Cycling and Urology | Health on the saddle – Selle Italia
Cycling and Urology

Cycling and Urology


We met Dr. Daniele Porru, Consultant Urologist at the University Hospital of S. Matteo di Pavia, to gain some insight into the links between avid cycling and a healthy functioning urinary tract.


The link between Urology and cycling has received little attention from scientific literature so far, however, several studies have been carried out and they have investigated some disorders of the male and female genital area and urinary tract to find out if there is any connection between them and the pressure exerted by the saddle on the perineum.

Just to get things straight, we should point out that cycling is a healthy activity from all points of view. It is a superb form of exercise for the respiratory, cardiovascular and musculoskeletal system.

But to get back to any links this sport might have with urological issues, we must first take a closer look at the innervation of the cutaneous perineal area.

The pudendal nerve, which is made up of both motor and sensory fibres and therefore defined as a mixed nerve, branches off both into the posterior end of the perineum as well as into the external genitalia.

Excessive compression of this nerve, or repeated microtraumas to it, can bring about a tingling sensation and loss of sensitivity around the crotch, with a feeling of discomfort right the way up to the pubic symphysis.
And how does cycling come into all of this?

To answer this question properly, we need to take into account the saddle structure and the shape of the pubic symphysis, which can vary from person to person. Obviously, body weight also plays a role in this, as does the seating position. Each one of these factors, and a combination of them, can affect the perineal tissues in different ways.

At any rate, existing studies show that the saddle structure is of vital importance.

Whilst statistics show that padding (regardless of how thick it is) seems to have little impact, the size and the shape of the saddle can make a difference. A properly sized saddle chosen to fit the width of the pelvis and a central cut-out to relieve excess pressure helps to guarantee a proper seating position with an equal distribution of body weight across the two sit bones. This reduces compression of the perineum.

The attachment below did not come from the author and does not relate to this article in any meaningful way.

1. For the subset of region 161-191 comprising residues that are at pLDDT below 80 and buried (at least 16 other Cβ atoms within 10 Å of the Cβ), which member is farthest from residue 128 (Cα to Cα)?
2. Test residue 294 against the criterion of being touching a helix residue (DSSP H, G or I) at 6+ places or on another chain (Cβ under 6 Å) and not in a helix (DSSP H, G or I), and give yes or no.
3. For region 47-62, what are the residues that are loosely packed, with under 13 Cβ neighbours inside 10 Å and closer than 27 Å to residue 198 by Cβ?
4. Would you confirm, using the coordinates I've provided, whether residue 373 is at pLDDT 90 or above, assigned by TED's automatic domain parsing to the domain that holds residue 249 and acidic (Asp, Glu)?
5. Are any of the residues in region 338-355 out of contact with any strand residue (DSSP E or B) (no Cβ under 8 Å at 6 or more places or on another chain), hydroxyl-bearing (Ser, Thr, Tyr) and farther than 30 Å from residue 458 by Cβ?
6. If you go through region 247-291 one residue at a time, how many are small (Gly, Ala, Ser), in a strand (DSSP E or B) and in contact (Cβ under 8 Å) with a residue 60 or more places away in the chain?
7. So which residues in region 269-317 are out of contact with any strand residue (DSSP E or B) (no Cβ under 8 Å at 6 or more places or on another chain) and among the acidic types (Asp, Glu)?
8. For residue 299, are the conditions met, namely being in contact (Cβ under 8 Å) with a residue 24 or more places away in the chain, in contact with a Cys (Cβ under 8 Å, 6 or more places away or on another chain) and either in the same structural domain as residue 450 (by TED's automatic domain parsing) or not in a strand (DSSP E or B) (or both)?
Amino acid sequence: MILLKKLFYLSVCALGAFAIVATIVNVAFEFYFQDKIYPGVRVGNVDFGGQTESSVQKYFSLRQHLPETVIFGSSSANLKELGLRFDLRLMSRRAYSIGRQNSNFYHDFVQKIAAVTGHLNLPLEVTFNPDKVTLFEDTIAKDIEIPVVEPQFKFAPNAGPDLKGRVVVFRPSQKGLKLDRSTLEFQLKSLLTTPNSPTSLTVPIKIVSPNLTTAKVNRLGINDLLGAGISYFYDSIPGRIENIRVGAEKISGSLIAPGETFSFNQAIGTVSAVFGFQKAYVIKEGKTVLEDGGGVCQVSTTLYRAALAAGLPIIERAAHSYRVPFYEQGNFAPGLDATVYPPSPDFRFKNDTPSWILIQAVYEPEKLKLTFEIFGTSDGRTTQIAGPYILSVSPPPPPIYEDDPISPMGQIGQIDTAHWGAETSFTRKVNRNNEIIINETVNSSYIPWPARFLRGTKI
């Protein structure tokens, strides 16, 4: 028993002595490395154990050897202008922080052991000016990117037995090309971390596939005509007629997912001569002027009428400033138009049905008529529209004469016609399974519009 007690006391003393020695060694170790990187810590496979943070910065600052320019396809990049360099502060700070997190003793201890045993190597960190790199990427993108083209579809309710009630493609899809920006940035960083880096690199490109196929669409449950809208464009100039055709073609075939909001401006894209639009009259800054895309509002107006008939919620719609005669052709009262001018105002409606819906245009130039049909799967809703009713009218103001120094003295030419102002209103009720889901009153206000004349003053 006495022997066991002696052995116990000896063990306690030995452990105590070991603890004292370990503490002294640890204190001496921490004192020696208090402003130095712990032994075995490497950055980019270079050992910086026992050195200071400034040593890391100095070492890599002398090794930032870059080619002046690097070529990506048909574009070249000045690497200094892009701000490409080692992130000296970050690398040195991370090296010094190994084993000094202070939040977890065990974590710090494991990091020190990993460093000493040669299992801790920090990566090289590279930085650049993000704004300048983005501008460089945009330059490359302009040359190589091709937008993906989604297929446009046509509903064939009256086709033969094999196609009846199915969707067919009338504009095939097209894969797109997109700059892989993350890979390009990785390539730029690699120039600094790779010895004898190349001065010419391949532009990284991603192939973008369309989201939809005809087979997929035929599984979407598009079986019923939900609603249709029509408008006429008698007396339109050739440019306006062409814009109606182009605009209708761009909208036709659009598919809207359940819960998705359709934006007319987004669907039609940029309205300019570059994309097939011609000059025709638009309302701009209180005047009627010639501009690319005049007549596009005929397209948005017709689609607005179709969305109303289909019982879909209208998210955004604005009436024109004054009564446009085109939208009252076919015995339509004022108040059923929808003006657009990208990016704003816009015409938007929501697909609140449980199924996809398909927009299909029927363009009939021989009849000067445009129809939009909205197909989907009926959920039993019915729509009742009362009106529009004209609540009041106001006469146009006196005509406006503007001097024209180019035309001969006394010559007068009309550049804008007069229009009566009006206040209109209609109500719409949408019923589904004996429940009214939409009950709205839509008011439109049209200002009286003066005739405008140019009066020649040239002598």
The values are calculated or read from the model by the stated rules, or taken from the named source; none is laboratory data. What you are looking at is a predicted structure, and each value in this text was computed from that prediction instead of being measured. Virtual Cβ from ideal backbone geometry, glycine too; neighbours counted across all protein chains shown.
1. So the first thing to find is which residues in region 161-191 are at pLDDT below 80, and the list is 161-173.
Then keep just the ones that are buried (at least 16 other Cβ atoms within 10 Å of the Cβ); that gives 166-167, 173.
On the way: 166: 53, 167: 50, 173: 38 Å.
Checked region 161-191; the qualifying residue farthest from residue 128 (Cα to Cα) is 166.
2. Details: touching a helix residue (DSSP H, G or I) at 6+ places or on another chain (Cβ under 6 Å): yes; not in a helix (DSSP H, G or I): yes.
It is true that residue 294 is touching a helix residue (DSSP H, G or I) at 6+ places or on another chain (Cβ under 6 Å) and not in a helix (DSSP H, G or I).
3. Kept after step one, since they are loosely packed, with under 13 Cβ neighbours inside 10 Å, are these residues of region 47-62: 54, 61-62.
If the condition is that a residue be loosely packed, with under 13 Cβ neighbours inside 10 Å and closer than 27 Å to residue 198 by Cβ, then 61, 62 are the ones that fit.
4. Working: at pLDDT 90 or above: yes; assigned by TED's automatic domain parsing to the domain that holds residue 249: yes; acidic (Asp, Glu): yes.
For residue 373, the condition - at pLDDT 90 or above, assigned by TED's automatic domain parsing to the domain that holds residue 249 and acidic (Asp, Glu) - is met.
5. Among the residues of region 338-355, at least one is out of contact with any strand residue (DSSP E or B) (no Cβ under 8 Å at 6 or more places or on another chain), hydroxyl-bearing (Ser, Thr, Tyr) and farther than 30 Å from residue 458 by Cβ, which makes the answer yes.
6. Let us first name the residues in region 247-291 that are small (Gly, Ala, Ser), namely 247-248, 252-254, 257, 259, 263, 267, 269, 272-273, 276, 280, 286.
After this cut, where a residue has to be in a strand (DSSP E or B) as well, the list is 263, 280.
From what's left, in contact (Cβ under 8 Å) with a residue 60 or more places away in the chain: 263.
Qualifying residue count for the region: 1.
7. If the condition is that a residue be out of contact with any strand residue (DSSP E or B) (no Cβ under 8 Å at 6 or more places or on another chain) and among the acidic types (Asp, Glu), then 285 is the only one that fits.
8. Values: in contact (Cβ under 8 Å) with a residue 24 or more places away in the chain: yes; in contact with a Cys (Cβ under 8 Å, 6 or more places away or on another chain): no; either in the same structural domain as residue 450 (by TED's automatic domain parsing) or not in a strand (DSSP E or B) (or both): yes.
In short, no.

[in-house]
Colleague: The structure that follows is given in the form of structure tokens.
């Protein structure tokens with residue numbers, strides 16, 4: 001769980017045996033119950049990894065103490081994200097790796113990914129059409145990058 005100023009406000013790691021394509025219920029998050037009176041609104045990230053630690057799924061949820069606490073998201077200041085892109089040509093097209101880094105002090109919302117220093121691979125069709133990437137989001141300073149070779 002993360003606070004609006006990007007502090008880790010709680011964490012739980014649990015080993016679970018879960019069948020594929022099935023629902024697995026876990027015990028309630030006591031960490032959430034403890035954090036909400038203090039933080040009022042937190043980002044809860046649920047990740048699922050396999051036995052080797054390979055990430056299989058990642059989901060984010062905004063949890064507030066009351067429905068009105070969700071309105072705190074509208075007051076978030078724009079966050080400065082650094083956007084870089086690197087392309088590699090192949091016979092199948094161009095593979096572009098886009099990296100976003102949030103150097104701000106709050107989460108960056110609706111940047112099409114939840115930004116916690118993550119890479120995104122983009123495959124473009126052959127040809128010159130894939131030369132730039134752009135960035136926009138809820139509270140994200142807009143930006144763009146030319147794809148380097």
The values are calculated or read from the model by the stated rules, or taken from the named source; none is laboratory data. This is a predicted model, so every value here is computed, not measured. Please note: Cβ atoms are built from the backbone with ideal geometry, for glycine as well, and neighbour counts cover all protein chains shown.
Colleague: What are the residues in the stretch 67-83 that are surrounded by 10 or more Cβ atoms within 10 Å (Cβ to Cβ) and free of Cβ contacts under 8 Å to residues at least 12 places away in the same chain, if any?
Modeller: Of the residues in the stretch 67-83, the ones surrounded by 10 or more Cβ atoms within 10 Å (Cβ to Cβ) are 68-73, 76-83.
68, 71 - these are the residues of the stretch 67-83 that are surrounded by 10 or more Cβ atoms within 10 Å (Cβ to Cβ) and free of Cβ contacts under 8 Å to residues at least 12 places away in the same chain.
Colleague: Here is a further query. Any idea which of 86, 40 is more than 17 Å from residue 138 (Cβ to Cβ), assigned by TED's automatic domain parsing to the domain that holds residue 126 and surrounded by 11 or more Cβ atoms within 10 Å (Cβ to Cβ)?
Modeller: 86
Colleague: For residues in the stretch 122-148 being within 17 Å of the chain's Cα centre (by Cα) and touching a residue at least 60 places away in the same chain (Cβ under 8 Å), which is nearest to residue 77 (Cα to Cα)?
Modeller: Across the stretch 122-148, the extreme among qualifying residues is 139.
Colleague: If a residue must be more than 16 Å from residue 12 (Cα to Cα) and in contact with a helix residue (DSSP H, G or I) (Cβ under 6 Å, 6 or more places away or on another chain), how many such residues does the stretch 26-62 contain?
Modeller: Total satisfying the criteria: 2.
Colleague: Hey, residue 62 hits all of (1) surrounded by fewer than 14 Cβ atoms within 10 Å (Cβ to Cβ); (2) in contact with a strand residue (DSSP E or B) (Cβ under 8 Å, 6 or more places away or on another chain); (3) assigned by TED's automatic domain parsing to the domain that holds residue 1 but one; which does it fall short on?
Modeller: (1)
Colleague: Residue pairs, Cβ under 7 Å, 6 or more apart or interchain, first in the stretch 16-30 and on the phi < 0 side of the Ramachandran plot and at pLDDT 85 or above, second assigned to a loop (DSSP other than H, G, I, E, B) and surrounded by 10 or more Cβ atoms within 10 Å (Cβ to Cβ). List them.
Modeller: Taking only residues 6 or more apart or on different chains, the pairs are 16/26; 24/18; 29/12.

Basically, scientific research demonstrates that there is a statistically significant difference between properly contoured saddles and traditional ones when it comes to this kind of disorder.


Should disorders of this kind be cause for concern? Any advice?

In general, this kind of ailment is temporary and reversible; should it become chronic, there will be a personal predisposition, meaning that there is another underlying risk factor. Riding a bike is simply a trigger for this condition and, at this stage, the person will have to book a visit with a specialist.

The areas that need to be looked at are the shape of the pelvis or spinal column, asymmetrical limbs, previous trauma to the pelvis or past sacro-coccygeal injury or prostatic hypertrophy. All these problems can be aggravated by compression.

In any case, it makes sense to pay great attention to anything that bothers you over the first few kilometres of the ride and make a mental note of when the symptoms first appear. In other words, it is one thing if problems set in after an hour and quite another when you start having troubles well past lunchtime. In any case, it is best to call it a day if you feel any discomfort. At a later stage, try a different tack by changing saddle and getting one which fits your physical shape more closely.

Ultimately, there is no need to panic: any symptoms should not be cause for alarm. In these cases, cycling activities should not be abandoned but rather adapted to your individual needs. Don’t throw the baby out with the bathwater.






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